Strategic deposits – a fiction by government
Last Friday D. Sumiyabazar, Minister of Mining and Heavy Industry, organised a national discussion on the topic of ‘Mining and Sustainable Development’. Here are the remarks I gave on mining and infrastructure.
The US-based Mining Journal reported in their World Risk Report 2017 that Mongolia’s infrastructure development is ‘weakly developed’ and ‘high-risk’. A total of 3,600 factors were taken into account in the report, which assessed some 85 big mining players. The risk of investment was given scores of 1-100 points and ranked between AAA to DDD. Five provinces in Canada, Alaska from the United States, and Sweden scored more than 80 points, which translated into AAA ratings and the lowest risk countries, while Laos and Guinea’s scores were less than 40, meaning the highest risks. Mongolia scored 53 points and was one of the high-risk countries with a CCC rating.
Mongolia’s legal environment, governance, social licence, and financial environment were scored 49, 64, 66, and 52 points respectively. When it came to infrastructure, our score was 11 (7 for railroad, 15 for guaranteed power and energy), which contributed to the rating of ‘weakly developed’. This is their assessment only. But what about our own assessment?
Mega fantasy on infrastructure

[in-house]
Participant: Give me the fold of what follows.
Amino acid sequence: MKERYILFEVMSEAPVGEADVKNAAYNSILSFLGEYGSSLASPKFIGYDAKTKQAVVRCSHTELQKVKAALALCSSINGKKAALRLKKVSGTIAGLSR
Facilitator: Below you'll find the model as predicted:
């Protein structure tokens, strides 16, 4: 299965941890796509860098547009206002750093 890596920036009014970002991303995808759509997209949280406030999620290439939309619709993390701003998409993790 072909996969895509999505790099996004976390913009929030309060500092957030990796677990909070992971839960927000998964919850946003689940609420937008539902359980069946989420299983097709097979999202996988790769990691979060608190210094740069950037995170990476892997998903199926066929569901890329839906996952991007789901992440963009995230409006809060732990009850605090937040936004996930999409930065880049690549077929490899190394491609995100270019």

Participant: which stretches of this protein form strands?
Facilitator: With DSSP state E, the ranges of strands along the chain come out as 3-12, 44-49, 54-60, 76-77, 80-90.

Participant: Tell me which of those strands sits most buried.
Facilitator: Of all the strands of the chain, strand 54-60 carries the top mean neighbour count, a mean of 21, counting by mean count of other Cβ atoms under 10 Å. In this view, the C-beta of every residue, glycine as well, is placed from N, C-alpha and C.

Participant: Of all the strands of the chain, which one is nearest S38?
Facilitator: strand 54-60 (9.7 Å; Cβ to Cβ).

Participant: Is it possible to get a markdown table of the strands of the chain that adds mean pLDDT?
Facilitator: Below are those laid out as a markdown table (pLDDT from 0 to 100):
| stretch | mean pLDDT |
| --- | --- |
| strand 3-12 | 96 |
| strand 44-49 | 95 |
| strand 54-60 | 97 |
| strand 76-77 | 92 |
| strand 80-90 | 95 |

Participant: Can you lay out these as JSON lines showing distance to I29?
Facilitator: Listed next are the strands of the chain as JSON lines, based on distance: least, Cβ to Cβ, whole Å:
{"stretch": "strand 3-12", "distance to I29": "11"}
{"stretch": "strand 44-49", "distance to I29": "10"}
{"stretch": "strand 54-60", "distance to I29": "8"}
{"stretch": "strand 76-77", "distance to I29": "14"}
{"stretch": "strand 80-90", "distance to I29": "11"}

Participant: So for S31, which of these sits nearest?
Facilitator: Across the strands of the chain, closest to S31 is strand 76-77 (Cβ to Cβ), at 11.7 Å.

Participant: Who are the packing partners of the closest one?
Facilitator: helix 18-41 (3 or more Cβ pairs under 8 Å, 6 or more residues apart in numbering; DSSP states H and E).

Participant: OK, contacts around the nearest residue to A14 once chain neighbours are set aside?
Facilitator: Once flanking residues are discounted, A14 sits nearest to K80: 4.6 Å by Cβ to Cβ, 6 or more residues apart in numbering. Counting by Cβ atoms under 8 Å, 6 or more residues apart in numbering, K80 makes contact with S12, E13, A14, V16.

Given Mongolia’s vast territory and small population, it is highly costly to build roads and energy infrastructure, not to mention the long time required for return on investment. It is a given, not something we have control over. But what we can control is conducting smart policies and create an environment for our people to have a good livelihood, regardless of where they are living – urban or rural areas. The destination can only be reached when the policy is right and adhered to.
However, because our policy is not the right one, we have neither built infrastructure nor experienced economic growth. All we see is the emptying countryside. The Myanganii Zam (Road of Millenium) project is progressing albeit slowly, because it has the right vision. But people do not see the vision of ‘strategic deposits’, while the authorities use them for their advantage. It has led to the mining sector failing to be the accelerator of our development. The idea behind strategic deposits was supposed to be developing infrastructure, leveraging mining.
The minerals law of Mongolia, which was first enacted in 1997, was ameded in 2006. Since then, this law was changed 250 times, which means amendments were made every two weeks on average. Let’s focus on just two changes from these amendments.